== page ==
Ada Lovelace, computer programming: The daughter of Lord Byron, Lovelace was steered toward math by her mother, who feared her daughter would follow in her father’s "mad, bad, and dangerous" literary footsteps. Luckily, she loved the subject, and remained devoted throughout her brief life—she died in 1852 at age 36, soon after an ambitious, proto-Moneyball attempt to beat the odds at horse racing by developing mathematical models to help place her bets.
Ada Lovelace Wikimedia Commons
When she was barely 20, she started collaborating with the inventor Charles Babbage at the University of London on his "Analytical Engine," an early model of a computer. In 1843, she added extensive notes of her own to a paper on Babbage's machine, detailing how the Engine could be fed step-by-step instructions to do complicated math, and trained to work not only with numbers but also words and symbols "to compose elaborate and scientific pieces of music of any degree of complexity or extent."
The notes are considered the first descriptions of what we now call algorithms and computer programming, and for decades, historians have argued over whether Lovelace came up with them herself, or Babbage was somehow the real author. "Ada was as mad as a hatter, and contributed little more to the 'Notes' than trouble," writes one historian, and a "manic depressive with the most amazing delusions about her own talents." But Babbage's own memoir suggests she deserved credit for the "the algebraic working out of the different problems," and more recently she's been honored with, among other things, a British medal of honor, a Google Doodle, a tunnel boring machine in London, and her own annual celebration. In 2011, the Ada Initiative was founded to help promote women in computer science and open-source technology.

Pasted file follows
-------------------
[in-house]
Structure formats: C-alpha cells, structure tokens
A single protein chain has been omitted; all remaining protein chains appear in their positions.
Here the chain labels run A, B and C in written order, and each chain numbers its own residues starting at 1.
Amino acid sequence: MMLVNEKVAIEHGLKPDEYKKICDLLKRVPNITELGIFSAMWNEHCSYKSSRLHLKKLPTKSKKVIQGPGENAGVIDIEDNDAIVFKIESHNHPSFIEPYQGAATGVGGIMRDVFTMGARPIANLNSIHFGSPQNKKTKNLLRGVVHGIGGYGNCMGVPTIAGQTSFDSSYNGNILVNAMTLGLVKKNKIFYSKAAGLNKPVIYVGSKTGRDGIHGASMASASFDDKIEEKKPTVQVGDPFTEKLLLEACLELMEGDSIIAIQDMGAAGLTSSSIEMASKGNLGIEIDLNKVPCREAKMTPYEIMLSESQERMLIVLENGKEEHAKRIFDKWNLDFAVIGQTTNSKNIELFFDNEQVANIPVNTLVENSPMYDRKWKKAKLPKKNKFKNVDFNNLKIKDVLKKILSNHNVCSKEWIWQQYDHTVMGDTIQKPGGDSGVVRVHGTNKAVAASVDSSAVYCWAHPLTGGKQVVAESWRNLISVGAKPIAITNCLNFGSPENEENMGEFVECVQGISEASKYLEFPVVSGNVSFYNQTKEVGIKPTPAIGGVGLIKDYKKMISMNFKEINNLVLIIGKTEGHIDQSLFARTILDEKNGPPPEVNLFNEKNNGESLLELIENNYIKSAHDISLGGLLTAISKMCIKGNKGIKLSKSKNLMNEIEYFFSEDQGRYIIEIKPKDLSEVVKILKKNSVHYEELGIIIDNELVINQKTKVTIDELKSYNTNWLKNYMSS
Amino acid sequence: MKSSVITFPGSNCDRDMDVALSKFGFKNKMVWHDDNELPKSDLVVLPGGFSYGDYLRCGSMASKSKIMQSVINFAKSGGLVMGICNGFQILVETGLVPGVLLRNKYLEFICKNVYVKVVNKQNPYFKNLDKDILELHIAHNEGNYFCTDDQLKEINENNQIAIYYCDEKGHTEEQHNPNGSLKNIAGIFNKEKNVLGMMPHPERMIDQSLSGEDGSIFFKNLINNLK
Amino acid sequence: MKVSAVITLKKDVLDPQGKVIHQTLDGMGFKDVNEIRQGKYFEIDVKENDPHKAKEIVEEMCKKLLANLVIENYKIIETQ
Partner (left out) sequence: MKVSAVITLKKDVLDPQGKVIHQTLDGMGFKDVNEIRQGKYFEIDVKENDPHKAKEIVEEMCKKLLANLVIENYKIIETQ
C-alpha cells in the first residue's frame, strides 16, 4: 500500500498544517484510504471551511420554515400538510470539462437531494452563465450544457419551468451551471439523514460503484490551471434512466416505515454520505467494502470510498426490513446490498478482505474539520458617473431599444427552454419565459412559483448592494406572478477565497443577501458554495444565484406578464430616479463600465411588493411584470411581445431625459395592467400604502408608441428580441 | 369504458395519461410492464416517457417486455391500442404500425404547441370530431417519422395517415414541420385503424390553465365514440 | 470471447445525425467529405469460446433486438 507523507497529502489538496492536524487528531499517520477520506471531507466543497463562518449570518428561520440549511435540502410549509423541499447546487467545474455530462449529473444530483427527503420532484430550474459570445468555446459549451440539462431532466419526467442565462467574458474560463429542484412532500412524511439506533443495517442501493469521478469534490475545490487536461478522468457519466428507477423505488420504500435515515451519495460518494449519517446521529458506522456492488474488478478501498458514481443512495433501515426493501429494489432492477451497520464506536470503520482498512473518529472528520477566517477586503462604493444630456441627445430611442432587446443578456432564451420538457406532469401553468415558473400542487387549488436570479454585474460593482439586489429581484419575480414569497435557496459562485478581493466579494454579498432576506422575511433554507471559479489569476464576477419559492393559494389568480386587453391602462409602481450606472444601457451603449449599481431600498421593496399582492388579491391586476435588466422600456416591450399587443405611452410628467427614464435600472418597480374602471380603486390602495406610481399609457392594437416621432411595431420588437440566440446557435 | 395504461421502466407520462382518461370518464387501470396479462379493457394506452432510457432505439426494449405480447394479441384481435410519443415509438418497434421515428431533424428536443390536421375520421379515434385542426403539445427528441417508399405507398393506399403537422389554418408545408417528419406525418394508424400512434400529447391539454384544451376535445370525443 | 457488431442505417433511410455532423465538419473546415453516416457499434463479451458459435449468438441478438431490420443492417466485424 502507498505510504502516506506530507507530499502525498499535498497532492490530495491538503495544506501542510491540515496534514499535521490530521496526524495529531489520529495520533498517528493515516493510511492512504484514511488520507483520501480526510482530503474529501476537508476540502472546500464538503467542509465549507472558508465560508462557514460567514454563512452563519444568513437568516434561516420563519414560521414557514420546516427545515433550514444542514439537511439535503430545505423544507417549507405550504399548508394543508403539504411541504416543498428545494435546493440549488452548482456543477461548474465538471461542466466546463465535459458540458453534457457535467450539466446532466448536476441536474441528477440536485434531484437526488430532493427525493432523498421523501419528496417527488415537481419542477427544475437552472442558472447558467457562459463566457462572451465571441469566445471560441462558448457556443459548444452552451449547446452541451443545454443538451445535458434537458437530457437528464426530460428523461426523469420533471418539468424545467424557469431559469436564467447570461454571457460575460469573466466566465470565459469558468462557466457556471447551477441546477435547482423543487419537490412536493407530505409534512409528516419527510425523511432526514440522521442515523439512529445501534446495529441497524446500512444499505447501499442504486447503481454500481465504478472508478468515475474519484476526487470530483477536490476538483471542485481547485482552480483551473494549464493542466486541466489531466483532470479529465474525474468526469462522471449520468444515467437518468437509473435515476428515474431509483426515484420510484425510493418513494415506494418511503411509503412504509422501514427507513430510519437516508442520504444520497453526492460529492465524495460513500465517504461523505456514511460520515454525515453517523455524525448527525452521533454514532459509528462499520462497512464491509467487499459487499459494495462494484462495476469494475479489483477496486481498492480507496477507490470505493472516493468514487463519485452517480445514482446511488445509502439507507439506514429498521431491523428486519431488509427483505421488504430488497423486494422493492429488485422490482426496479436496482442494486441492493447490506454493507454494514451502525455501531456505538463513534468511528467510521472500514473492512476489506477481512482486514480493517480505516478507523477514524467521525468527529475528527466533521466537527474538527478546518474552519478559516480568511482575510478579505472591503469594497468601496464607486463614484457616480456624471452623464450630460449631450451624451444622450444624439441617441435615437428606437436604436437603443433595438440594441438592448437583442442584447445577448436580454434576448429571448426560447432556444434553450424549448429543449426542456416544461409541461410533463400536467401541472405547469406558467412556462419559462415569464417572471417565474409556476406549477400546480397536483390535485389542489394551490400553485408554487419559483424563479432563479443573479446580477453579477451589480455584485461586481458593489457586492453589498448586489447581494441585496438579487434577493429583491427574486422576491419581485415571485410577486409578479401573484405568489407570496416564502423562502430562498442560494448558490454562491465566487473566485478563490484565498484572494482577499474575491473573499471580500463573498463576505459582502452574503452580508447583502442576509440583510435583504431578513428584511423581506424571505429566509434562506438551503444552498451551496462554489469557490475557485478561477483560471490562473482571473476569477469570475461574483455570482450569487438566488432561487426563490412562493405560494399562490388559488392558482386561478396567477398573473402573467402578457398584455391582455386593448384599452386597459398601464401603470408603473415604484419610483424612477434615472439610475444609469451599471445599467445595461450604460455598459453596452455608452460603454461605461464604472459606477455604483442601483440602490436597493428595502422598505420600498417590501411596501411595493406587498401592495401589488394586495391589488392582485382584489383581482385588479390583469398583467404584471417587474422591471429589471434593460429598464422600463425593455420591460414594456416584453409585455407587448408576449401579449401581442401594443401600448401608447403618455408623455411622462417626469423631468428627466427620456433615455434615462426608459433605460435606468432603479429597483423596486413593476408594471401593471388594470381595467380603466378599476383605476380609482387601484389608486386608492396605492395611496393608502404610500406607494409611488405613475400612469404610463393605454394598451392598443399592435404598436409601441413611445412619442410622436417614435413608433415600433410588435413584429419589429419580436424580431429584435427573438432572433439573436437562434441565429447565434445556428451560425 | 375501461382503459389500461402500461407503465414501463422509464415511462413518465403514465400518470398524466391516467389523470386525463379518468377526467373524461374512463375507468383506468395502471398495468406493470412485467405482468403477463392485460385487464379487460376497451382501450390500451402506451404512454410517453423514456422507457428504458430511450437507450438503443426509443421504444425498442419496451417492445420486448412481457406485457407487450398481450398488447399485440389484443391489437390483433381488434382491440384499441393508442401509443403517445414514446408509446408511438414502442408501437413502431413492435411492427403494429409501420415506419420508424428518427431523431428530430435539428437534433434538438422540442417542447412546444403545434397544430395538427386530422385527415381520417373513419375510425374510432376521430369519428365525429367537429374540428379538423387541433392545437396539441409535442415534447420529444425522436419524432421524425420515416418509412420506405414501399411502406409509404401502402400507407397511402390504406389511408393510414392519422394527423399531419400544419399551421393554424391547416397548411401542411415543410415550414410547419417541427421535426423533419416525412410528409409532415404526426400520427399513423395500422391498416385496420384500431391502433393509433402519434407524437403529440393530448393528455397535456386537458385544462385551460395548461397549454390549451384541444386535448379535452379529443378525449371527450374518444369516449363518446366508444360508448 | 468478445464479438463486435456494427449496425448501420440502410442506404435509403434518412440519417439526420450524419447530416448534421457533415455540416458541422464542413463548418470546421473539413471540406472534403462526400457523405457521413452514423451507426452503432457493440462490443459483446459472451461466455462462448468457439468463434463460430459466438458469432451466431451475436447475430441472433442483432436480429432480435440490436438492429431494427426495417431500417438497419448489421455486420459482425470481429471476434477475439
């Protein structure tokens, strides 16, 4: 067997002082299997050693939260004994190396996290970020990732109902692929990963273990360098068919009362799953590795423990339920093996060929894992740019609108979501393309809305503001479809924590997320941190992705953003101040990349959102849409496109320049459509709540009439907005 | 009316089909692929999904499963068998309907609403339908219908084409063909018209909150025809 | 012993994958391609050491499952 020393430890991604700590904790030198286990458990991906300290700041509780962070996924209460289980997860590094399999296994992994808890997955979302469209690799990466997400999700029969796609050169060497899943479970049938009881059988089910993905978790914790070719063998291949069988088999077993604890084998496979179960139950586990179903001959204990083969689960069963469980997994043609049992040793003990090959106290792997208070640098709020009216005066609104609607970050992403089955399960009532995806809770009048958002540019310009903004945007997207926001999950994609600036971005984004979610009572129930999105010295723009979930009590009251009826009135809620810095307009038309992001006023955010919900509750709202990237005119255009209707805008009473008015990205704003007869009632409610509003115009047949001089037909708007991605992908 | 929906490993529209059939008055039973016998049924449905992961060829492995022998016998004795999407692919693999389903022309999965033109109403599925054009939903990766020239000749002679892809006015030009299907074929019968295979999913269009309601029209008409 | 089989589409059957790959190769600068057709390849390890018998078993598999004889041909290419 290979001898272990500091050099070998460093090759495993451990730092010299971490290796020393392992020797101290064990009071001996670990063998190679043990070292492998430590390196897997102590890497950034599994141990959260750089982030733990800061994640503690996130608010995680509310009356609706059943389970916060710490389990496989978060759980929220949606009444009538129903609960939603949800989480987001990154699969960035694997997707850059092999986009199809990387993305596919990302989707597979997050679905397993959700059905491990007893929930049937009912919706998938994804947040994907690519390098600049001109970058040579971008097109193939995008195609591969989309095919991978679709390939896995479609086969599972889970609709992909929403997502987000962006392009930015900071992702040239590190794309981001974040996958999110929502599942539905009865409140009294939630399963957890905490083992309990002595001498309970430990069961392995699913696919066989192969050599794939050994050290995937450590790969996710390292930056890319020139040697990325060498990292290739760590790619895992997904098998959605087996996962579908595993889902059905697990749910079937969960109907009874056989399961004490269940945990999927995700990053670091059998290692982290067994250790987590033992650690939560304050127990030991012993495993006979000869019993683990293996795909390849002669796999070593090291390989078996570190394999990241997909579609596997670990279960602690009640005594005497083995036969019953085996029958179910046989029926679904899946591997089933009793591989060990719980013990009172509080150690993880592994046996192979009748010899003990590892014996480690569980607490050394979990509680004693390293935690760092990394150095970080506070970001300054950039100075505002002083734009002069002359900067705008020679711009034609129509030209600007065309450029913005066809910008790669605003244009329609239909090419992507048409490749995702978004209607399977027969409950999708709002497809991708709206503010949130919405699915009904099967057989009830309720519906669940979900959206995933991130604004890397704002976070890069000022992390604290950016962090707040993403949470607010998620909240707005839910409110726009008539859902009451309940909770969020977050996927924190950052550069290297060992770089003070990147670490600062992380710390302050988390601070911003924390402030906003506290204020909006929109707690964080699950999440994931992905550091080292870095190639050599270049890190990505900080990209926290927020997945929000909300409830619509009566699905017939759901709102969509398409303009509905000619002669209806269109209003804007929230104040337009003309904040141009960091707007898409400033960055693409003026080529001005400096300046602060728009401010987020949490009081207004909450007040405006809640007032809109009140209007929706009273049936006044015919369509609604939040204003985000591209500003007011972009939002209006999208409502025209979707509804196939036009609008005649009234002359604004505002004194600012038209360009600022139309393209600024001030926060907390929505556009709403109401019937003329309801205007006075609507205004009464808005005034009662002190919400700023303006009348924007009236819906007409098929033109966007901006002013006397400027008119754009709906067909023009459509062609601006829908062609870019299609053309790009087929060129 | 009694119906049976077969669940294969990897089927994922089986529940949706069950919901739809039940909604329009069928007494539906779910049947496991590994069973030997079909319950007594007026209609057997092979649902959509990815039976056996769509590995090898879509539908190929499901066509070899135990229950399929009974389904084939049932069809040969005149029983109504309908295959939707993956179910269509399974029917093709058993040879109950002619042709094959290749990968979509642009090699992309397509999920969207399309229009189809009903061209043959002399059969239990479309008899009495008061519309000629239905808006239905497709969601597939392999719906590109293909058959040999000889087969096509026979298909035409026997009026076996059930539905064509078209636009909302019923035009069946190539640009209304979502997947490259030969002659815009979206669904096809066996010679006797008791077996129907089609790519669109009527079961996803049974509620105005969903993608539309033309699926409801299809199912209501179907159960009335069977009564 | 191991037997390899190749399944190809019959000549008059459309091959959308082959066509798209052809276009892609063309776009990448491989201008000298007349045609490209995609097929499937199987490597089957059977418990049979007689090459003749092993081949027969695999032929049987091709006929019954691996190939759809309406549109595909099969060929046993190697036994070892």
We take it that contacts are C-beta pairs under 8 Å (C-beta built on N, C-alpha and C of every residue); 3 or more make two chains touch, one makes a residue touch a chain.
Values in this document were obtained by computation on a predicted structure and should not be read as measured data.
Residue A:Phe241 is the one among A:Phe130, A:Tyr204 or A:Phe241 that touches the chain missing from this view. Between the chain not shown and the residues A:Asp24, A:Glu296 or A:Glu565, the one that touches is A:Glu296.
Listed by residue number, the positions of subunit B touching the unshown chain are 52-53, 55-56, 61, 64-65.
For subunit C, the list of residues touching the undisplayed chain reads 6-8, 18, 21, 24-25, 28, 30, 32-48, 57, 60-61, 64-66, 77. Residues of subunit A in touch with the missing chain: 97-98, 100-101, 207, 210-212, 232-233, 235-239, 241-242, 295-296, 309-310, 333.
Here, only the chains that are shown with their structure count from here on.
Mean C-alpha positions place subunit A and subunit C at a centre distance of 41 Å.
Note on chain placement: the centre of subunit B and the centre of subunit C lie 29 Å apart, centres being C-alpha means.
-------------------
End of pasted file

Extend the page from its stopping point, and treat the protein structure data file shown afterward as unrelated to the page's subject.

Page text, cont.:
Margaret Knight, paper bag machine: The paper bag machine, which is exactly what it sounds like, doesn't get as much love as the nuclear fission or the computer, and it probably shouldn't—it's a convenient but hardly breathtaking way to carry sandwiches. But Knight's invention, in 1868, is notable for the fight she went through to get credit. Her patent designs were quickly stolen by a man, who sought to have the patent issued in his name by arguing that a woman was incapable of such a breakthrough. It took three years, but Knight eventually won the case in court.
Margaret Knight's paper bag machine Wikimedia Commons
Elizabeth Magie, Monopoly: Charles Darrow, an unemployed heating salesman, traditionally gets credit for America's favorite homage to extortionist landlords. But as PBS discovered in 2004, the board game actually had its start nearly three decades earlier when Magie, an acolyte of the economist Henry George, secured to the patent to The Landlord's Game. For her efforts in creating the country's most popular board game she received just $500 from Parker Brothers.
From Magie's original designs Wikimedia Commons